In the United Kingdom, Europe and Commonwealth countries, blackcurrant is included in many fruit-flavoured sweet selections. In the United States, grape flavour is often used in brands of candy where blackcurrant would appear in Europe.
Japan imports $3.6 million of New Zealand blackcurrants for uses as dietary supplements, snacks, functional food products and as quick-frozen (IQF) produce for culinary production as jams, jellies or preserves.
The juice forms the basis for various popular cordials and alcoholic beverages. Blackcurrant liqueur mixed with white wine is called Kir or Kir Royale when mixed with champagne. Macerated blackcurrants are also the primary ingredient in the apéritif crème de cassis.
In the UK, blackcurrant cordial is often mixed with cider (hard cider) to make a drink called "Cider and Black" or if made with the popular British cider Strongbow a "Bow and Black". If made with any common British lager beer, it is known as a "Lager and Black". The addition of blackcurrant to a mix of cider and lager results in "Diesel" or "Snakebite and Black" available at pubs. Adding a small amount of blackcurrant juice to Guinness is preferred by some to heighten the taste of the popular stout.
In Russia, blackcurrant leaves may be used for flavouring tea or preserves, such as salted cucumbers, and berries for home winemaking. Sweetened vodka may also be infused with blackcurrant leaves or berries, making a deep yellowish-green beverage with a sharp flavour and astringent taste.
See also 
- Cecidophyopsis ribis – the blackcurrant gall mite
- Crème de cassis
- White currant
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- "RHS Plant selector; Blackcurrants (AGM)".
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- Berry Crops Grower's Guide
- White Pine Blister Rust - immunity: Tahsis, Blackcomb (BC breeding program - MBC)
- Mildew - resistance: Whistler, Blackcomb, Tahsis, Nechako
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- "Currants and Gooseberries: Prohibited Towns in Massachusetts". UMass Extension: Center for Agriculture. 2012-04. Retrieved 2012-09-04.
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- Kapasakalidis, PG; Rastall, RA; Gordon, MH (2006). "Extraction of polyphenols from processed black currant (Ribes nigrum L.) residues". Journal of Agricultural and Food Chemistry 54 (11): 4016–21. doi:10.1021/jf052999l. PMID 16719528.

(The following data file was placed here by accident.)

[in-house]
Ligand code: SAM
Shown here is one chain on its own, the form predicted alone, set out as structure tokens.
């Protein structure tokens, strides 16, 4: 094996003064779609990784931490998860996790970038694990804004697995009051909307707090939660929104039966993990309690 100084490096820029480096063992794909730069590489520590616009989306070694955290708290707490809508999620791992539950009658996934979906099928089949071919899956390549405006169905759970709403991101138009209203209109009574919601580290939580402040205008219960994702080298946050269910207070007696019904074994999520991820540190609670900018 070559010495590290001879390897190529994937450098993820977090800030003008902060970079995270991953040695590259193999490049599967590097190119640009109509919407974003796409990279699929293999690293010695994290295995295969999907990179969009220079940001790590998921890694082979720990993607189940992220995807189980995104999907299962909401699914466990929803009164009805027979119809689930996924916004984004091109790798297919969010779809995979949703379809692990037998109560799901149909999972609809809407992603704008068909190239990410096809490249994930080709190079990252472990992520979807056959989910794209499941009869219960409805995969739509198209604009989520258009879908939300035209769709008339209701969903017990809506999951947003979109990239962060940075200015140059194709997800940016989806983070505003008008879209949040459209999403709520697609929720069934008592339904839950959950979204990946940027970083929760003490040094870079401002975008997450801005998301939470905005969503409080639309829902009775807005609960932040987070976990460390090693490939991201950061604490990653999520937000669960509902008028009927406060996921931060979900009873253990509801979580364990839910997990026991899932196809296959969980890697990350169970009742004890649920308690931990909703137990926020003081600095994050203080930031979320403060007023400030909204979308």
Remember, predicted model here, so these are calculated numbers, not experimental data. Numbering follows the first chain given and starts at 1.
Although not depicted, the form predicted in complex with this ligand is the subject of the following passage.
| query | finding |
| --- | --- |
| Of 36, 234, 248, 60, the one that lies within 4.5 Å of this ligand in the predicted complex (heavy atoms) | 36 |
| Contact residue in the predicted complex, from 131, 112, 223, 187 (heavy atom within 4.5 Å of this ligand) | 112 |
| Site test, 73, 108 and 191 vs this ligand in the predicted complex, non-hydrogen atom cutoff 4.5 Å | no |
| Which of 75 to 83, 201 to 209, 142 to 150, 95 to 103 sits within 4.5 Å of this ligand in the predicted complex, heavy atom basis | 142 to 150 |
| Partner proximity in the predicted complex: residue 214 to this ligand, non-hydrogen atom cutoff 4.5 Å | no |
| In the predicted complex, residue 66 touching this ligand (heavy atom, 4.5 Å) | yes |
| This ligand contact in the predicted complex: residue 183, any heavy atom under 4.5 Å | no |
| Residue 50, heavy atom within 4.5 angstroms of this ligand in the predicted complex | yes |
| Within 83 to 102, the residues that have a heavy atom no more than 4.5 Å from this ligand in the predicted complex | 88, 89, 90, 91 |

- Mcdougall, GJ; Gordon, S; Brennan, R; Stewart, D (2005). "Anthocyanin-flavanol condensation products from black currant (Ribes nigrum L.)". Journal of Agricultural and Food Chemistry 53 (20): 7878–85. doi:10.1021/jf0512095. PMID 16190645.
- Nielsen, IL; Haren, GR; Magnussen, EL; Dragsted, LO; Rasmussen, SE (2003). "Quantification of anthocyanins in commercial black currant juices by simple high-performance liquid chromatography. Investigation of their pH stability and antioxidative potency". Journal of Agricultural and Food Chemistry 51 (20): 5861–6. doi:10.1021/jf034004. PMID 13129285.
- Traitler, H; Winter, H; Richli, U; Ingenbleek, Y (1984). "Characterization of gamma-linolenic acid in Ribes seed". Lipids 19 (12): 923–8. doi:10.1007/BF02534727. PMID 6098796.
- Blackcurrant seed oil for prevention of atopic dermatitis in newborns: a randomized, double-blind, placebo-controlled trial
- Slater, Nigel (2010). Tender, vol.2: a cook's guide to the fruit garden. UK: Fourth Estate. p. 592. ISBN 0007325215.
- "New Nutrition Business, Japan makes a superfruit out of the humble blackcurrant, 2006" (PDF). Retrieved 2009-12-06.
|Wikimedia Commons has media related to: Ribes nigrum—Blackcurrant|
|Look up blackcurrant in Wiktionary, the free dictionary.|
- PFAF Plant Database — Ribes nigrum Blackcurrant — characteristics, cultivation, uses.
- Berry Crops Grower's Guide
- The Blackcurrant Foundation
- Blackcurrant recipes
- Are They Currants or Raisins? — An essay that blackcurrants are real currants while "Zante currants" - which are known simply as "currants" in the U.S. and some other parts of the world - are not. The author does not appear to know about the theory that blackcurrants and redcurrants took their English name from Zante currants, which seem to be the same fruits that were called "raysons of coraunce" (with various spellings) in Middle English, from Old French "raisins de Corauntz".